What the history books say
History books and sketches reveal fascinating elements in Staunton’s landscape from the last 200 years. There’s the garden, which was originally laid out in the 1820s and 1830s, with a series of specialist gardens and follies, by Sir George Staunton to accommodate his Chinese and botanical interests.
Image above: The Shell House
These are surrounded by a park dating back to the eighteenth century – re-developed by Sir George in the early nineteenth century, and later adapted.
Fast forward to modern day
Back to current day, it’s this parkland (and its key areas within Thicket Lawn and High Lawn, to the west of the gardens and on the north side of Middle Park Way) that staff and volunteers have been busy working on. They’ve been carrying out research on as part of a current countryside stewardship scheme we’re involved in.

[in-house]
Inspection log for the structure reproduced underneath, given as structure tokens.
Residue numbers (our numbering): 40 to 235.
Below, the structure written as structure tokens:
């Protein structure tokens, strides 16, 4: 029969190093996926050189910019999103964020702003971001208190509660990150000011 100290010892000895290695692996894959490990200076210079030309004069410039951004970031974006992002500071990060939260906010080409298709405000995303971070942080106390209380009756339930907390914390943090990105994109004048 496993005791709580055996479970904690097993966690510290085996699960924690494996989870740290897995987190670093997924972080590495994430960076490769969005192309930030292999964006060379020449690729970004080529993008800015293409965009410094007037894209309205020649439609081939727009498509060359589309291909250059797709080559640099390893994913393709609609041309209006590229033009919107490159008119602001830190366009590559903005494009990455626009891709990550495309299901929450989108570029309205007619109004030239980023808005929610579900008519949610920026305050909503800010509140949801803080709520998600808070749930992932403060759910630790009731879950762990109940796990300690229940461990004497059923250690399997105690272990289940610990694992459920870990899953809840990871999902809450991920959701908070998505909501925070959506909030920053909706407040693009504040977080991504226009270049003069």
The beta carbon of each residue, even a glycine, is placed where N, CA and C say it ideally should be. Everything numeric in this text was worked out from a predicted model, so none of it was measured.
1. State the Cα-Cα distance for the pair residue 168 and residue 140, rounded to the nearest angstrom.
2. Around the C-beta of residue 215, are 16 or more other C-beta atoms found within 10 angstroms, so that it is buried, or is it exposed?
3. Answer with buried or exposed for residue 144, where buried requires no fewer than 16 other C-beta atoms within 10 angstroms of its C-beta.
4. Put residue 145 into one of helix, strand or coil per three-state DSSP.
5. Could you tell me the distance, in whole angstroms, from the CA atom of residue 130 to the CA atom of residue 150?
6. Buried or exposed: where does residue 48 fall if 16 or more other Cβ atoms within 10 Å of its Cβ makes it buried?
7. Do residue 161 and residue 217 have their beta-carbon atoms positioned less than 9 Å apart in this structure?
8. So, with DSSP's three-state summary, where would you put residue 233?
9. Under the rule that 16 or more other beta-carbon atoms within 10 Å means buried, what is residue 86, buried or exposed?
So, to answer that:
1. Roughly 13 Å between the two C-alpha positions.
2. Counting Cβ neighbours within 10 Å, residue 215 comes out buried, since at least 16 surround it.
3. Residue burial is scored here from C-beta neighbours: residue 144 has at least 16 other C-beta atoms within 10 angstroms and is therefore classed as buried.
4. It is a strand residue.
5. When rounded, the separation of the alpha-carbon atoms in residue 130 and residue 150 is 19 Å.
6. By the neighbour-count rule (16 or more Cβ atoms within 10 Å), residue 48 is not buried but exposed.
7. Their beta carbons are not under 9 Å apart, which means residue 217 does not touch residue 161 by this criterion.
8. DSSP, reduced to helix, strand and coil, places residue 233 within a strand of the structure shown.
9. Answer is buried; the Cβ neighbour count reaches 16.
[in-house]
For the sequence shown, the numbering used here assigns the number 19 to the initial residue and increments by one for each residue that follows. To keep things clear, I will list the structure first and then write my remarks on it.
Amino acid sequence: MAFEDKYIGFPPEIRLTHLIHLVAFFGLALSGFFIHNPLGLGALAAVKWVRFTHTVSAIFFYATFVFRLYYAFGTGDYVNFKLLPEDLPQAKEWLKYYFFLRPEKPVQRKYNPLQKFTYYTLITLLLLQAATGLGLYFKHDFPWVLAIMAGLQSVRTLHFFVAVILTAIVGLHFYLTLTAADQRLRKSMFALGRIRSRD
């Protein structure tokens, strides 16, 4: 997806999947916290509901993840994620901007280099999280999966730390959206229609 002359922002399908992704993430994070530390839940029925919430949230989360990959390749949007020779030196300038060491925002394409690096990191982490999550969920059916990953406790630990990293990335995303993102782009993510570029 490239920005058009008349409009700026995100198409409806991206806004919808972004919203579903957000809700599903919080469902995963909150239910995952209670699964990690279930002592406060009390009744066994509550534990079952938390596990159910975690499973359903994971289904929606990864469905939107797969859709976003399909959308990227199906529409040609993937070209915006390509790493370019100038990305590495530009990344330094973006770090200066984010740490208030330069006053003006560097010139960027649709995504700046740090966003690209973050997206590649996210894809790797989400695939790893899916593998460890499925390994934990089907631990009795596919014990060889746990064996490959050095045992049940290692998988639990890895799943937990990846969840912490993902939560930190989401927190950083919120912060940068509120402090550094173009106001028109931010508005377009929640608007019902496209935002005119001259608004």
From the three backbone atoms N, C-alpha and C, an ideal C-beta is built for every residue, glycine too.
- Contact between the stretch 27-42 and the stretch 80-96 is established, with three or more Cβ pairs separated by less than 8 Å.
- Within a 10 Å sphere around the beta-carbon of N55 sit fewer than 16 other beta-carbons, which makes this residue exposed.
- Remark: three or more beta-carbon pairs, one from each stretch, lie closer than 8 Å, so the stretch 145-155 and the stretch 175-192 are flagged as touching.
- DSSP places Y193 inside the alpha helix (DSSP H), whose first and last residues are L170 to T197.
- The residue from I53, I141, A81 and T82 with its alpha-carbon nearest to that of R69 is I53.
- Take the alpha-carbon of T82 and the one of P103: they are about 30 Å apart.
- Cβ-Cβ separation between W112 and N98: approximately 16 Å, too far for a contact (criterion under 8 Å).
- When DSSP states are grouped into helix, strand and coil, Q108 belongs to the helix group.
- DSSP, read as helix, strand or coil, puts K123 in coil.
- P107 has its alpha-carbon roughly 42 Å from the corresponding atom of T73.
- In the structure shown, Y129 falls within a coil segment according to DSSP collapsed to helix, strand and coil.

This work has involved a fantastic team of 12 volunteers headed by up Staunton rangers, Scott Wallbridge and Ashlea Walters. Using old maps, along with new aerial images, they’ve been able to gain an understanding of not only which species were popular 200 years ago (it turns out to be lime, oak and beech) but where these trees were previously in situ across Staunton’s parkland so that they can make great strides to recreate it.
As a result, 17 new trees have been planted since the new year.
It’s truly tree-mendous to think that these trees are not only a tribute to what was on site over the last two centuries but that the new ones will form part of a fresh chapter in Staunton’s history. They’ll be enjoyed by visitors for many many years to come.
There will be similar conservation tasks coming up, and if this appeals to you and you have a few hours to spare, please email: StauntonHLF@hants.gov.uk.